Complexity Navigation Test (CNT)

Joint Prosperity (JP) has been a Complexity Navigation Test (CNT) licensee, and the original CNT business partner since its inception in 2002. With this, comes deep insight and experience in applying the CNT to assist individuals and organisations understand and leverage the potential of their current and future leaders and leadership.

JP has developed extensive experience in using the CNT in more than 180 organisations and across over 30 industries. We have worked across a broad geographical base applying CNT technologies within Africa, Australia, Europe, and the Middle East. Our passion for, and expertise in Africa and emerging markets, has led us to successfully utilise the CNT across a large number of African countries, including South Africa, Kenya, Nigeria, Zimbabwe, Mozambique, Uganda, Zambia, Botswana, Tanzania, Mauritius, Namibia, and Ghana.

In 2012, JP and Complexity Metrics embarked on a joint venture and launched an interactive, online version of the CNT, aptly called the eCNT, enabling global accessibility and reach.

The CNT is a psychological test that assesses how people navigate the complexities of everyday and work problem-solving. It is based on both Stratified Systems Theory (SST) and complexity theory, and measures an individual’s ability to manage the demands of various levels and types of work problem-solving.

The assessment distinguishes people who can cope with the complexity of strategic problem-solving from those whose strengths lie in the area of operational work. Within these parameters, finer sub-distinctions relating to various types of operational and strategic problem-solving can be drawn, as well as the individual’s cognitive flexibility, mental efficiency, ability to manage ambiguity, work through ‘noise’, and integrate and apply learning.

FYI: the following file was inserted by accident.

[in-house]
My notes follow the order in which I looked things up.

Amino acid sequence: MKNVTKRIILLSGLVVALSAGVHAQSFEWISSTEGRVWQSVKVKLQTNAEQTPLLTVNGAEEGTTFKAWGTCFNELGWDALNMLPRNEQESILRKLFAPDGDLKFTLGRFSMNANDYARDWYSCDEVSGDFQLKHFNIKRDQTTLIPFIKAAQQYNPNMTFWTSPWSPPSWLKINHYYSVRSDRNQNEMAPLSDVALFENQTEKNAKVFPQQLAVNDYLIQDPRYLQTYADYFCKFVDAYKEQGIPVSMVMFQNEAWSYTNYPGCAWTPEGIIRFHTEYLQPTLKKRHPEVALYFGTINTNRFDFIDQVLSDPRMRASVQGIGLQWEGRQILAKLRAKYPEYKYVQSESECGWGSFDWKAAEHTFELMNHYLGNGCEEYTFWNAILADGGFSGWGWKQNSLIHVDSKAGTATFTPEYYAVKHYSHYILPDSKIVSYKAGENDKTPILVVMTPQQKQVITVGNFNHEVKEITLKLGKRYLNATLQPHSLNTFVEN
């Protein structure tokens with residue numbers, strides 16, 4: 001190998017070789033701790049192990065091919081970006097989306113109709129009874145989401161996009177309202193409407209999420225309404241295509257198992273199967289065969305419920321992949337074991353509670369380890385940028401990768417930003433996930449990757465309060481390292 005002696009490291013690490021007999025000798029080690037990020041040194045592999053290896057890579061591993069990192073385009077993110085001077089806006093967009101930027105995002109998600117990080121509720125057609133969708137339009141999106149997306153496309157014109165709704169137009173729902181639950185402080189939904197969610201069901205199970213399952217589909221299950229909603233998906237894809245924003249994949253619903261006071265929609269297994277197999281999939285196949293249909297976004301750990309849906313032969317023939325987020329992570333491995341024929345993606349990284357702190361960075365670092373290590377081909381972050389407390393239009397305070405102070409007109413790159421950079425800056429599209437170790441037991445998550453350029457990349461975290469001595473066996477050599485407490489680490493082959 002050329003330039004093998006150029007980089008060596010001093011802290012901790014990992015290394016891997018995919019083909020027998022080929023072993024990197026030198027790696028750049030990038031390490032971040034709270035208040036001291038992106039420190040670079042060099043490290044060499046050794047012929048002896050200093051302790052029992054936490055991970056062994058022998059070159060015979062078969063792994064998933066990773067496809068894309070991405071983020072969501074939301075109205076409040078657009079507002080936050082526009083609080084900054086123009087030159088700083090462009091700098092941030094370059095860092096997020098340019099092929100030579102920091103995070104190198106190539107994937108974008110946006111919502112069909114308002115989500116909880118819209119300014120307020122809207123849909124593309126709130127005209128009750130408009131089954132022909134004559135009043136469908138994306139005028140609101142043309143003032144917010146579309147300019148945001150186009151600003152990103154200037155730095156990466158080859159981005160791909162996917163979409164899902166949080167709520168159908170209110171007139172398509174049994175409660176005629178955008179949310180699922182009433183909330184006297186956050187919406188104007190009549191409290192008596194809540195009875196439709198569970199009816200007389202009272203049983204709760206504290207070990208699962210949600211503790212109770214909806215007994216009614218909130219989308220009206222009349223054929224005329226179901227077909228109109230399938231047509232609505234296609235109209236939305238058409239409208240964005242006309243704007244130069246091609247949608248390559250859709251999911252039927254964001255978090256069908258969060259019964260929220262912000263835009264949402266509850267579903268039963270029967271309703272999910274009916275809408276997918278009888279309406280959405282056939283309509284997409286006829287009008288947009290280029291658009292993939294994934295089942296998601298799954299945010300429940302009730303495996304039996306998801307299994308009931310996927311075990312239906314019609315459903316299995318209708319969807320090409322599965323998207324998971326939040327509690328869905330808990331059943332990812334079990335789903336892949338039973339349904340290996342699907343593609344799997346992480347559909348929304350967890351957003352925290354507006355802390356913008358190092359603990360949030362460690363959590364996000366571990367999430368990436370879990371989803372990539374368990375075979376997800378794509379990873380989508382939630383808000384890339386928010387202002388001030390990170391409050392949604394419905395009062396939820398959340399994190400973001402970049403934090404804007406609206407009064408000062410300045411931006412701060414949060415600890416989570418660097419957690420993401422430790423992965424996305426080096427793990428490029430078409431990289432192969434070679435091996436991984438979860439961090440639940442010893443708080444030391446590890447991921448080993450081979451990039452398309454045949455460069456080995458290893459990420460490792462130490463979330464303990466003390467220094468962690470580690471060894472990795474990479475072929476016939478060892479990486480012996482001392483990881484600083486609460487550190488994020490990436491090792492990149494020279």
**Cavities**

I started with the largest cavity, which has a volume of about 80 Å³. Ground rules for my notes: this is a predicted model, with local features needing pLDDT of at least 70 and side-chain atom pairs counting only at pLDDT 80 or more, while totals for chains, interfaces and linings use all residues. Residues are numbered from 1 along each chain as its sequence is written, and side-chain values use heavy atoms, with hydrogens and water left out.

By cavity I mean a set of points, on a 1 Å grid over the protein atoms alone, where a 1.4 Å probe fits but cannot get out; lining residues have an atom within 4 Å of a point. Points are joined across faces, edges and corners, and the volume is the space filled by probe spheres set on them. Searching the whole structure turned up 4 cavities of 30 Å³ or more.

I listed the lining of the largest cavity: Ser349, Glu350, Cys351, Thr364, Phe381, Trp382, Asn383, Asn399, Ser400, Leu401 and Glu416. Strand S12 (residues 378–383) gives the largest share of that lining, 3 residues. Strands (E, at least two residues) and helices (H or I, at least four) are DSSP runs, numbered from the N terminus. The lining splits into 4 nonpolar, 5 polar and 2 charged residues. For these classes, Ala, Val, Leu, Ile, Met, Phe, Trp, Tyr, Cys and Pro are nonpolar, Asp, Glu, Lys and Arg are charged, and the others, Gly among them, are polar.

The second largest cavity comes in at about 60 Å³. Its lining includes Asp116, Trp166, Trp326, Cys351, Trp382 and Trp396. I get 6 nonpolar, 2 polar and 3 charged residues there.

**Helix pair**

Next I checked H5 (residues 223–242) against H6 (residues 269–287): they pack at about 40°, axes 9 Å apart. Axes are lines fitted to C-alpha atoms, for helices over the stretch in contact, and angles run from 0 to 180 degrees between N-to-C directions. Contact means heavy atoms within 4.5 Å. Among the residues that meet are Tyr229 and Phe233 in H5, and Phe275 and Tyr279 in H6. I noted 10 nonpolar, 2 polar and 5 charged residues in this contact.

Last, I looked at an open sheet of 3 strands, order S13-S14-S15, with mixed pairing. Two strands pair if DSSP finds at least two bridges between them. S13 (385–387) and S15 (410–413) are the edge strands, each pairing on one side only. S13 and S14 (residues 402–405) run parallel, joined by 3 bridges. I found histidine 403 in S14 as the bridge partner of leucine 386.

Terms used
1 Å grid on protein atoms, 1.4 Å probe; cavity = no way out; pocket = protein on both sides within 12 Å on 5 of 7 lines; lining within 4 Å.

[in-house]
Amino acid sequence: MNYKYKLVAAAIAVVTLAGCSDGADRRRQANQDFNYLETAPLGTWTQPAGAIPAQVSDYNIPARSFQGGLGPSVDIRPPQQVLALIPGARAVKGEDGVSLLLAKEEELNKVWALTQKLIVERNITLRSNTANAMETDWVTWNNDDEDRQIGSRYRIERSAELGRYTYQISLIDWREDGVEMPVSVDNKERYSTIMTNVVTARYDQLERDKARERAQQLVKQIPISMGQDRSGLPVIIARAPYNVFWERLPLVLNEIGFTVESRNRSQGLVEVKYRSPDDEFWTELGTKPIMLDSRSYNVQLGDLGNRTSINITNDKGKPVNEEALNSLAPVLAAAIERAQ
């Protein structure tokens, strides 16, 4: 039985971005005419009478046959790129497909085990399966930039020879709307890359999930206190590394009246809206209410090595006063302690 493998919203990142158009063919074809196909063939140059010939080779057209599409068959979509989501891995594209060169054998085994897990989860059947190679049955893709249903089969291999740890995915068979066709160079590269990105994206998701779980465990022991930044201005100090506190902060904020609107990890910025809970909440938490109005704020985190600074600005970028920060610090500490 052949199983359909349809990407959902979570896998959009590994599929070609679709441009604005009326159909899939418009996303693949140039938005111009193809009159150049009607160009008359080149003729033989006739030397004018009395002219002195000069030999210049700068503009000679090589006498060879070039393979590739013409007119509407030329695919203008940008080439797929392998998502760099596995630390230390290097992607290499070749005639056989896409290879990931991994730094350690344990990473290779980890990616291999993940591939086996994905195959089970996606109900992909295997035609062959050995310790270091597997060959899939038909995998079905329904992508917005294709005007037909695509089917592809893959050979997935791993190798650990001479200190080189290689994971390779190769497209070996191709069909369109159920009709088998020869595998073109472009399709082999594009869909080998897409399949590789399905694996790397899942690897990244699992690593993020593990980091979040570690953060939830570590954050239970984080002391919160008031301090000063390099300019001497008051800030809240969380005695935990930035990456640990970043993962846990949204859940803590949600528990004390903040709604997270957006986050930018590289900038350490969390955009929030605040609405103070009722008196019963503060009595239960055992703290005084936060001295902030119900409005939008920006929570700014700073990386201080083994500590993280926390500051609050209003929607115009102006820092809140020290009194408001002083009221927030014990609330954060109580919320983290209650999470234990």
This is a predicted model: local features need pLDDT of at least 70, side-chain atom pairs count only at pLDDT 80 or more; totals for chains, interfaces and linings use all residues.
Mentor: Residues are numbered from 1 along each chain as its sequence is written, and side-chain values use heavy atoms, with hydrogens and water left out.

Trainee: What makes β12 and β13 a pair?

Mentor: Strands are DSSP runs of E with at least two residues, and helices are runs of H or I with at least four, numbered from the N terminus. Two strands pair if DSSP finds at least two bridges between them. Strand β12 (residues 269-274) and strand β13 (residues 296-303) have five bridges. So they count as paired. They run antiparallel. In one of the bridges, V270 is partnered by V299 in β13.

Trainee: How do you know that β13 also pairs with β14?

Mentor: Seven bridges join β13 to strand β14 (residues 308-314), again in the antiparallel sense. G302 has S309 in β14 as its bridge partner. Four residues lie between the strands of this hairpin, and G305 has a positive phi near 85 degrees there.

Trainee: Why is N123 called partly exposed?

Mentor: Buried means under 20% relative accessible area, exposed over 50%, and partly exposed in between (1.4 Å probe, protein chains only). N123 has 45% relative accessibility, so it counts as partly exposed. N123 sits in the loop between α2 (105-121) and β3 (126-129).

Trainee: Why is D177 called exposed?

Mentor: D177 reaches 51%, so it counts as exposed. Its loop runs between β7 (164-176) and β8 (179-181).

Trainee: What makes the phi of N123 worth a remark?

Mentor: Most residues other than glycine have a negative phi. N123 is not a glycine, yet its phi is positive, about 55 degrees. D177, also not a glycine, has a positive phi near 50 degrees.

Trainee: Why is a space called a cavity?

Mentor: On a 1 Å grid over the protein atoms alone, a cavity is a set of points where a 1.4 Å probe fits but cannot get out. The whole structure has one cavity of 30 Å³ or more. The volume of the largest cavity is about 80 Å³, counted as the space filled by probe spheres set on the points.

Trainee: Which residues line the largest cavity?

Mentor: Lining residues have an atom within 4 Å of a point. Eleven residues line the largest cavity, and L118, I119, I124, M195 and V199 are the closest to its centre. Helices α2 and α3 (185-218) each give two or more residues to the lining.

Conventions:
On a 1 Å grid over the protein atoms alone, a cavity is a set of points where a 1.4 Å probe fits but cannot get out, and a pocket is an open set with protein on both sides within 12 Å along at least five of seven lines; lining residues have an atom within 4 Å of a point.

The CNT extends and refines existing SST approaches significantly and is unique on two indices:

  1. It is a dynamic process assessment of how a person’s style of solving problems interacts with the ability to process different levels of complexity;
  2. It is the first ability assessment approach based in complexity theory.

The CNT uses a set of universally recognisable symbols printed on playing cards. The assessor takes each candidate through several card games and the candidate is tasked with working out what rule or system governs that particular game. It relies on symbols and therefore does not discriminate on the basis of education, race, language, prior learning, culture, and is thus globally applicable. The CNT takes approximately an hour to administer and provide feedback to the candidate, while the eCNT takes a little longer (approximately 90 minutes). Verbal feedback is provided to the candidate immediately on completion of the assessment.

The CNT was developed in South Africa over a period from 1995 to 2001 by Dr. Alexis Retief and a group of associates. It was designed to expand and revise the theory of general and work ability assessment and to improve the assessment methods involved. In developing the theory of human abilities, it takes existing SST principles further and expands them into a theory of the hierarchical thinking processes used in coping with complex systems. It sees problem-solving as the dynamic and creative navigation of complex landscapes that people cope with every day, in work and in general problem-solving.

The assessment time required is less than that which was needed with previous approaches and the assessment method is standardised and structured. Results cannot be influenced by interpretation. This results in the high reliabilities found.

The CNT is a classified and certified Psychological Test with the HPCSA and can therefore be utilised for development and decision making.

To date, over 36 000 people have been assessed using the CNT and the eCNT. Regular data analysis indicates consistently high levels of reliability and validity. Inter-rater correlations of 0.86 were obtained with different types of validity being investigated. Validity in predicting the potential and progress of groups was in the range of 0.91 – 0.96. Validity in predicting individual ability and progress was 0.35 (very close to an upper bound of 0.40 for the appropriate coefficient).